Urological Research

, Volume 22, Issue 1, pp 21–23 | Cite as

Comparison of two routes of photosensitizer administration for photodynamic therapy of bladder cancer

  • R. Bachor
  • R. Hautmann
  • T. Hasan
Original Paper

Abstract

Photodynamic therapy (PDT) consists in administration of a photosensitizer and subsequent irradiation of the tumor with visible light. Routinely the photosensitizer is given intravenously (i.v.). The goal of our study was to examine whether intravesical (i.b.) instillation of the photosensitizer for PDT of bladder cancer might be feasible. Therefore, the uptake of chlor-aluminum-sulfonated phthalocyanine (CASPc) in bladder, bladder tumor, skin, and muscle in a rat bladder cancer model after i.v. injection and i.b instillation was compared. The efficacy of PDT after either method of administration was also evaluated. The CASPc concentration in bladder tumor after i.v. injection was approximately 1.5-fold that after i.b. instillation. The ratio of CASPc concentration between bladder tumor and normal bladder was approximately 2:1 after administration by either route. There was no systemic absorption of CASPc after i.b. instillation; hence no systemic side effects are expected. PDT showed similar effects on bladder tumor after either method of administration, but less side effects on normal bladder wall after i.b instillation. Our results demonstrate that i.b. instillation of CASP for PDT of superficial bladder cancer seems to have advantages over i.v. injection.

Key words

Bladder cancer Photodynamic therapy Intravenous injection Intravesical instillation 

Preview

Unable to display preview. Download preview PDF.

Unable to display preview. Download preview PDF.

References

  1. 1.
    D'Hallewin MA, Baert L, Marijnissen JPA, Star WM (1992) Whole bladder wall photodynamic therapy with in situ light dosimetry for carcinoma in situ of the bladder. J Urol 148:1152Google Scholar
  2. 2.
    Dougherty TJ (1987) Photosensitizers: therapy and detection of malignant tumors. Photochem Photobiol 45:879Google Scholar
  3. 3.
    Fingar VH, Schuschke DA, Harty JI, Wieman TJ (1990) A new animal model for the assessment of photodynamic effects on the bladder. Photochem Photobiol 51 S:75Google Scholar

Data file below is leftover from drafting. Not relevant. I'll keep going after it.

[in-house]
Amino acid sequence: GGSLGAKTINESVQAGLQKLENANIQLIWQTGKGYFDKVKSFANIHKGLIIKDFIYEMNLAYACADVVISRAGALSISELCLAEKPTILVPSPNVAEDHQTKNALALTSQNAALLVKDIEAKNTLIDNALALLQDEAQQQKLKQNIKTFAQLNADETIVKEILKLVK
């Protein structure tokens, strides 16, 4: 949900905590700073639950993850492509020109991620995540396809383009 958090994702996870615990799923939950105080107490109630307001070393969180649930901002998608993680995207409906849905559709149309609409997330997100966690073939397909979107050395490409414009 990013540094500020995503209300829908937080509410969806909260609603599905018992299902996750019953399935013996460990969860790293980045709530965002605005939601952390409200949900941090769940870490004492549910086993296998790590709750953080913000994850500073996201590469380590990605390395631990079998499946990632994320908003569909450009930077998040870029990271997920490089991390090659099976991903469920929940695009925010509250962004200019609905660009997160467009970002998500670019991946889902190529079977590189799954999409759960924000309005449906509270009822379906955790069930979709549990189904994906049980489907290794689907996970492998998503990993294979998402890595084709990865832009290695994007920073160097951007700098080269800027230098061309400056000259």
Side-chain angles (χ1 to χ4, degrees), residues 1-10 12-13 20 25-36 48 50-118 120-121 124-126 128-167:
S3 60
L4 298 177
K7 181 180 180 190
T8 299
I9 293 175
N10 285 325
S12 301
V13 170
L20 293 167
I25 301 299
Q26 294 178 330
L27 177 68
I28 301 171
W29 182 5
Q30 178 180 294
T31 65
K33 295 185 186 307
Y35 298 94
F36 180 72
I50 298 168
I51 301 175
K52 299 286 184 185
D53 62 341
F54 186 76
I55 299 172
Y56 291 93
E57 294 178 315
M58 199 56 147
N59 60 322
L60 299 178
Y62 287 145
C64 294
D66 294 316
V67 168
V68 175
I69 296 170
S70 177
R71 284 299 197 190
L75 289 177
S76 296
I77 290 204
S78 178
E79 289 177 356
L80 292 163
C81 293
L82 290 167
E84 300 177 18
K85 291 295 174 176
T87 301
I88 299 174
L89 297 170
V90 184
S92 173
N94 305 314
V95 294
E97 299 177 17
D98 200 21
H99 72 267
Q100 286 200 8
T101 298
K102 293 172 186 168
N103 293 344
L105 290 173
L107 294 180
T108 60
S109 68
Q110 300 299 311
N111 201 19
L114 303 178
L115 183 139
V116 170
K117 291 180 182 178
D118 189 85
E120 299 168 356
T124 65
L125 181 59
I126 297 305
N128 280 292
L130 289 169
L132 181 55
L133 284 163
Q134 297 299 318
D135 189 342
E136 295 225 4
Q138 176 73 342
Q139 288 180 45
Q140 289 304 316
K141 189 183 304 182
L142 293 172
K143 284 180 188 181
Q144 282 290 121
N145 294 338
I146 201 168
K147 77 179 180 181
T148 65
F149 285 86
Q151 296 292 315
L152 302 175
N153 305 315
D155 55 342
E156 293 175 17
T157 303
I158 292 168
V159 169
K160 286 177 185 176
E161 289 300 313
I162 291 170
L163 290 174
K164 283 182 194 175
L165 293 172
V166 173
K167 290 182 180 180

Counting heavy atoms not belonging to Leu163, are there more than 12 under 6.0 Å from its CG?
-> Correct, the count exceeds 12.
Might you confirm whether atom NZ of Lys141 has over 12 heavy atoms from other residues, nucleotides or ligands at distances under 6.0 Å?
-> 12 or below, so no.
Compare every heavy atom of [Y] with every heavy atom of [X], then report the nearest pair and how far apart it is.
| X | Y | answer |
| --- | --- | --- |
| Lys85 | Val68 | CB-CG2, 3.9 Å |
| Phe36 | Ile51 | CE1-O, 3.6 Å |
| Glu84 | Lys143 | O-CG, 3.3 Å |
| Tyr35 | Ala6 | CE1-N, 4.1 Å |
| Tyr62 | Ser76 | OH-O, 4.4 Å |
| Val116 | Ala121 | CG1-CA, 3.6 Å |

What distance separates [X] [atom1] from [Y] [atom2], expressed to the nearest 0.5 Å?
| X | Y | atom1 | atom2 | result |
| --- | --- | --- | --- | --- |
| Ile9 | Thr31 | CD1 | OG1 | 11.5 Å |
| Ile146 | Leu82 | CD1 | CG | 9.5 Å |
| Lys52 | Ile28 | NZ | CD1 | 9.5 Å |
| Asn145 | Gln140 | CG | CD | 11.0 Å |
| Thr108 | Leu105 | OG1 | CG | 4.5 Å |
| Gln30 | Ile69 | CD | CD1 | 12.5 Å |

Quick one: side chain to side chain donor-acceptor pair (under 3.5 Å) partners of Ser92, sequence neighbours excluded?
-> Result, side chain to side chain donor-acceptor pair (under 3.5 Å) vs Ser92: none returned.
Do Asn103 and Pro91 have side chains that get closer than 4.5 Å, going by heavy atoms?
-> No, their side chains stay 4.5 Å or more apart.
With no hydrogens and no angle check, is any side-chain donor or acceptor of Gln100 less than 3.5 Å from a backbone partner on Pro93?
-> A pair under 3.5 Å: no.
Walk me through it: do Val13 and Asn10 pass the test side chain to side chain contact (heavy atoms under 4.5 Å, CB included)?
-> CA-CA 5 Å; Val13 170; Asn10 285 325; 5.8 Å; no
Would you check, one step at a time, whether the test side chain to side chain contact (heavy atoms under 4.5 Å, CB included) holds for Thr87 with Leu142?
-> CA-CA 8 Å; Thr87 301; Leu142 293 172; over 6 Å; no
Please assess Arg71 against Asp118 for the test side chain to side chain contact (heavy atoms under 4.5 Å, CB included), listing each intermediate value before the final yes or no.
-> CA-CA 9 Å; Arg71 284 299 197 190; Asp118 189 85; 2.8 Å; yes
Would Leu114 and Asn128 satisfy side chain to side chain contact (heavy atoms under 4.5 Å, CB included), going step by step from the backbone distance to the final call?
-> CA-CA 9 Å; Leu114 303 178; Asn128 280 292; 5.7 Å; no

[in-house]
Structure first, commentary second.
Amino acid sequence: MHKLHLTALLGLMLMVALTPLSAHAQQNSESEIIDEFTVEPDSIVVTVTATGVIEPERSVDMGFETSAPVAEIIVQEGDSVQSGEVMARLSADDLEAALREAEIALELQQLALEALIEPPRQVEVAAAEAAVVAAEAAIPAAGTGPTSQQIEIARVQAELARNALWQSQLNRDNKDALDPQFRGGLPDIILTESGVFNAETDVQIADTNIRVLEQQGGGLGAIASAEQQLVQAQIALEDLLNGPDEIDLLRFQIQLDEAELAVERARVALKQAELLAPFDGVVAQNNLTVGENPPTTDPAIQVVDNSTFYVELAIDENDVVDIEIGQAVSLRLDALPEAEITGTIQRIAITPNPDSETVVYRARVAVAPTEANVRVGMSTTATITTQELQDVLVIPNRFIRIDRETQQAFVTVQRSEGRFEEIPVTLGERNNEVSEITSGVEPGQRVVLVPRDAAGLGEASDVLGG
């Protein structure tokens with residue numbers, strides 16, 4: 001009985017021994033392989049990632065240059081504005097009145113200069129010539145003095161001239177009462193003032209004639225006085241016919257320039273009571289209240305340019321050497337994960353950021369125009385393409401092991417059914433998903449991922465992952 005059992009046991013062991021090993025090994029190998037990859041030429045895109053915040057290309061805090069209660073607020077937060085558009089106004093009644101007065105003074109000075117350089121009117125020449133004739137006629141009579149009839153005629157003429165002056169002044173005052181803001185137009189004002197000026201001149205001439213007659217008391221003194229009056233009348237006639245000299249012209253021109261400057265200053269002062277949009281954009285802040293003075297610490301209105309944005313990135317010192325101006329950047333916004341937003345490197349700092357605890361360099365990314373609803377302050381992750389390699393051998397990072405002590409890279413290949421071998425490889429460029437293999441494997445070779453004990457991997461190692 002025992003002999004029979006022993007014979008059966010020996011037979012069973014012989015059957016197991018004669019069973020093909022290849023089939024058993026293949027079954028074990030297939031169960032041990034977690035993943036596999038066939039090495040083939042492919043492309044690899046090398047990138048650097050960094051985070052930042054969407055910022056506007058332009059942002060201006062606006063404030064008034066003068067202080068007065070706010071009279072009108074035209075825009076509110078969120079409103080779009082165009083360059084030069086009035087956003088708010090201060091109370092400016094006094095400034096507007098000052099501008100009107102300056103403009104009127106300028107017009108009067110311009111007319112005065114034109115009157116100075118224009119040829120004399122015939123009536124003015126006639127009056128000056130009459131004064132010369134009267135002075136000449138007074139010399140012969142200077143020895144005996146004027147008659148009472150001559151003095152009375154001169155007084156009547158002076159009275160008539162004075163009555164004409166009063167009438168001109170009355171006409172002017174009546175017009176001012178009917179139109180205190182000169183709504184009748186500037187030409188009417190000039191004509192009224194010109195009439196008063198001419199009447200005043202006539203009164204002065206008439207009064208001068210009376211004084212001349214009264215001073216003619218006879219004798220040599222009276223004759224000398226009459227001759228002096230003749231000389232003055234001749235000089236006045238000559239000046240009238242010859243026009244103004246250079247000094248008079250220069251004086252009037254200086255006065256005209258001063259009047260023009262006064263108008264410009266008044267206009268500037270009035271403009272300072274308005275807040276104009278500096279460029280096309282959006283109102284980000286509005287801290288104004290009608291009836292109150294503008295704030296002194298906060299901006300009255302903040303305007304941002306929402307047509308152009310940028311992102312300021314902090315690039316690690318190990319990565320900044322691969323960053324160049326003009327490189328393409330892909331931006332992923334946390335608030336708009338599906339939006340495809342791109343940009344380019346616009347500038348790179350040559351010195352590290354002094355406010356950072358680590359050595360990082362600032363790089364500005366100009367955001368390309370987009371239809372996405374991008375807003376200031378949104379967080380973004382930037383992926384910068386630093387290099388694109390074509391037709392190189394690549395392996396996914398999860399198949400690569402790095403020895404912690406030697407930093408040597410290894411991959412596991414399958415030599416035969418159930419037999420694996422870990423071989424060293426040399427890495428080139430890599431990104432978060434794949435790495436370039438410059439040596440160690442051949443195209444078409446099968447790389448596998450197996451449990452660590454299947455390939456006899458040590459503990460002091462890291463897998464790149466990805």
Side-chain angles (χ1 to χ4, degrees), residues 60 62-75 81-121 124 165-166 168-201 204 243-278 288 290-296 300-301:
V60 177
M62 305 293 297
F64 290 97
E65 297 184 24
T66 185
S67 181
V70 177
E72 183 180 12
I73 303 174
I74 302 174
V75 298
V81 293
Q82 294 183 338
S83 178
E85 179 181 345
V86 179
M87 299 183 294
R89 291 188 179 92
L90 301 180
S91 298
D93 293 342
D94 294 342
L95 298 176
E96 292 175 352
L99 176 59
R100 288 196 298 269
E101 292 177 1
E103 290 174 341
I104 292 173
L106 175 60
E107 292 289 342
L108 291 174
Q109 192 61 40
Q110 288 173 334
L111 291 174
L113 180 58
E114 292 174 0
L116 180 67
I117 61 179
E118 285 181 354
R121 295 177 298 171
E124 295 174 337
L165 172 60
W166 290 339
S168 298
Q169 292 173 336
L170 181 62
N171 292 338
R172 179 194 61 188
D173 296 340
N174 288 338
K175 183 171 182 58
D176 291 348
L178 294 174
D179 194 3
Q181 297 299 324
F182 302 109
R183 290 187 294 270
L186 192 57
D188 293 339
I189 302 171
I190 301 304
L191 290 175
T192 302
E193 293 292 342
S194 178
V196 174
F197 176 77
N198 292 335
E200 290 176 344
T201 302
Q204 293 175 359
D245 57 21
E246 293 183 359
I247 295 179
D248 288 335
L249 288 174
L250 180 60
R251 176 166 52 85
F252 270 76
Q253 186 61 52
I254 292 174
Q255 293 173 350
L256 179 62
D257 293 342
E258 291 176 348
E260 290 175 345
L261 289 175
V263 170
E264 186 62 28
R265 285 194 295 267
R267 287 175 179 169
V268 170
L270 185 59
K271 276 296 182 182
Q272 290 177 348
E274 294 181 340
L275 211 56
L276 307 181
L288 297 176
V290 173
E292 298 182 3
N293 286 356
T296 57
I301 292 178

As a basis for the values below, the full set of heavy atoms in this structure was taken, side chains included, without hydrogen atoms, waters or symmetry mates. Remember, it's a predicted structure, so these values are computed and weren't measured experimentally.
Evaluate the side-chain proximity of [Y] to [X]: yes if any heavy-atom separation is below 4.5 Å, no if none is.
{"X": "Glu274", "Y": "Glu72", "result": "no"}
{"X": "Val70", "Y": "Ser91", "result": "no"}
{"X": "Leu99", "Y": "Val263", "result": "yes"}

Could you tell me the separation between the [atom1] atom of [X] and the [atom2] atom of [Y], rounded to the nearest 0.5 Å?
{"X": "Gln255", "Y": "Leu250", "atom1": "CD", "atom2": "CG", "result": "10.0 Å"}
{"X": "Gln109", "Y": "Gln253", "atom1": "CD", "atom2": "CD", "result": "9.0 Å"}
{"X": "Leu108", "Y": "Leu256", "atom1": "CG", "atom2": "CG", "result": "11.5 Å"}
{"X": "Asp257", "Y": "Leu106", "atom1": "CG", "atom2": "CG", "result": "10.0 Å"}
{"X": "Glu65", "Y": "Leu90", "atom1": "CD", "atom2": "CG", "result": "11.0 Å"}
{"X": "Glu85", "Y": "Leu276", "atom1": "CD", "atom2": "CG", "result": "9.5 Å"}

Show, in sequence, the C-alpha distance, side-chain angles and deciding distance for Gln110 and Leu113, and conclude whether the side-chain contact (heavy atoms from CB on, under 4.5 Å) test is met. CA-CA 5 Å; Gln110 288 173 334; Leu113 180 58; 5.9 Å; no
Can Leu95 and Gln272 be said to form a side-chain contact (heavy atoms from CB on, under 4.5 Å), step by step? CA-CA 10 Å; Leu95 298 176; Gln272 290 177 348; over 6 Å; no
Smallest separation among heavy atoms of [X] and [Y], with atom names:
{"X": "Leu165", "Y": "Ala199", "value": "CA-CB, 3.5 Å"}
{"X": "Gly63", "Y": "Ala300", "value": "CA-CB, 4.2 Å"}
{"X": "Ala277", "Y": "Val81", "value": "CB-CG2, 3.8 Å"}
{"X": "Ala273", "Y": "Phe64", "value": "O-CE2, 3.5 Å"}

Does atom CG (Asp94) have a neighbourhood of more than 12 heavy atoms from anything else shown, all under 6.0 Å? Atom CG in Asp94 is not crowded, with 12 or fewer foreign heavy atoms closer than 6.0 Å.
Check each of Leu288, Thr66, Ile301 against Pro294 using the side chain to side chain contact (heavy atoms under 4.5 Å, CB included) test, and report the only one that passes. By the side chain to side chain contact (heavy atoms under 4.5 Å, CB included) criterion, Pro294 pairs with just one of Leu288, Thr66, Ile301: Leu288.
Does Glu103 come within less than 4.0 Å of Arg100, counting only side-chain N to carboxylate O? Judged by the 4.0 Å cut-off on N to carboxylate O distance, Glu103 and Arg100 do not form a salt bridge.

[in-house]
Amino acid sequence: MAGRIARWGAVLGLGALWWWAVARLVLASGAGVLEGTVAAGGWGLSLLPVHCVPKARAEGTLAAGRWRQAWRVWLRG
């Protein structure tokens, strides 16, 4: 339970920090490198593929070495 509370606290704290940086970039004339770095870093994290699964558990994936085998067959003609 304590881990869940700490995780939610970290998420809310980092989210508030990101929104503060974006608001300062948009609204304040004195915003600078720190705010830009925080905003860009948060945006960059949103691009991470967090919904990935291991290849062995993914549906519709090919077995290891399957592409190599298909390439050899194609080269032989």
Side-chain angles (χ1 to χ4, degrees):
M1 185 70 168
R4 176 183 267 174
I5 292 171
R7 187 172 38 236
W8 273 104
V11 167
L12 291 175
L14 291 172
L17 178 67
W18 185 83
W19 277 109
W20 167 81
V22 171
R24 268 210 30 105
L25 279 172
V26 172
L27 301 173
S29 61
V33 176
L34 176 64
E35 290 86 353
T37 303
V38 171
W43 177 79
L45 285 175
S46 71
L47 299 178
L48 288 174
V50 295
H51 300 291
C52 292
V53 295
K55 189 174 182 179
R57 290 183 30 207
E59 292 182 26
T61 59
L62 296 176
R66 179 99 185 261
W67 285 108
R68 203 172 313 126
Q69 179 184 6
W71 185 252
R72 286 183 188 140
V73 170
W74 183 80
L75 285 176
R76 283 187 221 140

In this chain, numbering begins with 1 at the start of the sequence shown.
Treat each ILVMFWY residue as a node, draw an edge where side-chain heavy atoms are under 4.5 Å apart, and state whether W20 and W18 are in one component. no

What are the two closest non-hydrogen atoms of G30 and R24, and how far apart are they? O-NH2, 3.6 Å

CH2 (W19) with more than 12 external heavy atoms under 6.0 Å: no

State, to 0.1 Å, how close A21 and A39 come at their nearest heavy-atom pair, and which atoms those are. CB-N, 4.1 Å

4. 4.
    Harney JV, Wahl RL, Liebert M, Kuhl DE, Hutchins GD, Wedemeyer G, Grossman HB (1991) Uptake of 2-deoxy, 2-(18F) fluoro-d-glucose in bladder cancer: animal localization and initial patient positron emission tomography. J Urol 145:279Google Scholar
  5. 5.
    Harty JI, Amin M, Wieman TJ, Tseng MT, Ackerman D, Broghamer W (1989) Complications of whole bladder dihematoporphyrin ether photodynamic therapy. J Urol 141:1341Google Scholar
  6. 6.
    Henderson BW, Dougherty TJ (1992) How does photodynamic therapy work? Photochem Photobiol 55:145Google Scholar
  7. 7.
    Ibrahiem EHJ, Nigam VN, Brailovsky CA, Madarnas P, Elhilali M (1983) Orthotopic implantation of primary n-(4-(5-nitro-2-furyl)-2-thiazolyl) formamide-induced bladder cancer in bladder submucosa: an animal model for bladder cancer study. Cancer Res 43:617Google Scholar
  8. 8.
    Jocham D, Baumgartner R, Stepp H, Unsöld E (1990) Clinical experience with the integral, photodynamic therapy of bladder carcinoma. J Photochem Photobiol [B] 6:183Google Scholar
  9. 9.
    Naito K, Hisazumi H, Uchibayashi T, Amano T, Hirata A, Komatsu K, Ishida T, Miyoshi N (1991) Integral laser photodynamic treatment of refractory multifocal bladder tumors. J Urol 146:1541Google Scholar
  10. 10.
    Nseyo UO (1992) Photodynamic therapy. Urol Clin North Am 19:591Google Scholar
  11. 11.
    Pope AJ, Bown SG (1991) The morphological and functional changes in rat bladder following photodynamic therapy with phthalocyanine photosensitization J Urol 145:1064Google Scholar
  12. 12.
    Pope AJ, MacRobert AJ, Phillips D, Bown SG (1991) The detection of phthalocyanine fluorescence in normal rat bladder wall using sensitive digital imaging microscopy. Br J Cancer 64:875Google Scholar
  13. 13.
    Prout GR, Lin CW, Benson R, Nseyo UO, Daly JJ, Griffin PP, Kinsey J, Tian ME, Lao YH, Mian YZ, Chen X, Ren FM, Qiao SJ (1987) Photodynamic therapy with hematoporphyrin derivative in the treatment of superficial transitional cell carcinoma of the bladder. N Engl J Med 317:1251Google Scholar
  14. 14.
    Roberts WG, Smith KM, McCullough JL, Berns MW (1989) Skin photosensitivity and photodestruction of several potential photodynamic sensitizers. Photochem Photobiol 49:431Google Scholar
  15. 15.
    Selman SH, Kreimer-Birnbaum M, Chaudhuri K, Garbo GM, Seaman DA, Keck RW, Ben-Hur E, Rosenthal J (1986) Photodynamic treatment of transplantable bladder tumors in rodents after pretreatment with chloraluminum tetrasulfo-phtalocyanine. J Urol 136:141Google Scholar
  16. 16.
    Spikes JD (1986) Phthalocyanines as photosensitizers in biological systems and for the photodynamic therapy of tumors. Photochem Photobiol 43:691Google Scholar
  17. 17.
    Taari K, Talja M, Riihelä M, Rannikko S, Mokka R (1992) Morphological effects of photodynamic therapy on rabbit bladder using Photofrin II and Photosan intravesically and intravenously. Br J Urol 70:616Google Scholar

Copyright information

© Springer-Verlag 1994

Authors and Affiliations

  • R. Bachor
    • 1
    • 2
  • R. Hautmann
    • 1
  • T. Hasan
    • 2
  1. 1.Urologische UniversitätsklinikUlmGermany
  2. 2.Wellman Laboratories of PhotomedicineHarvard UniversityBostonUSA

Personalised recommendations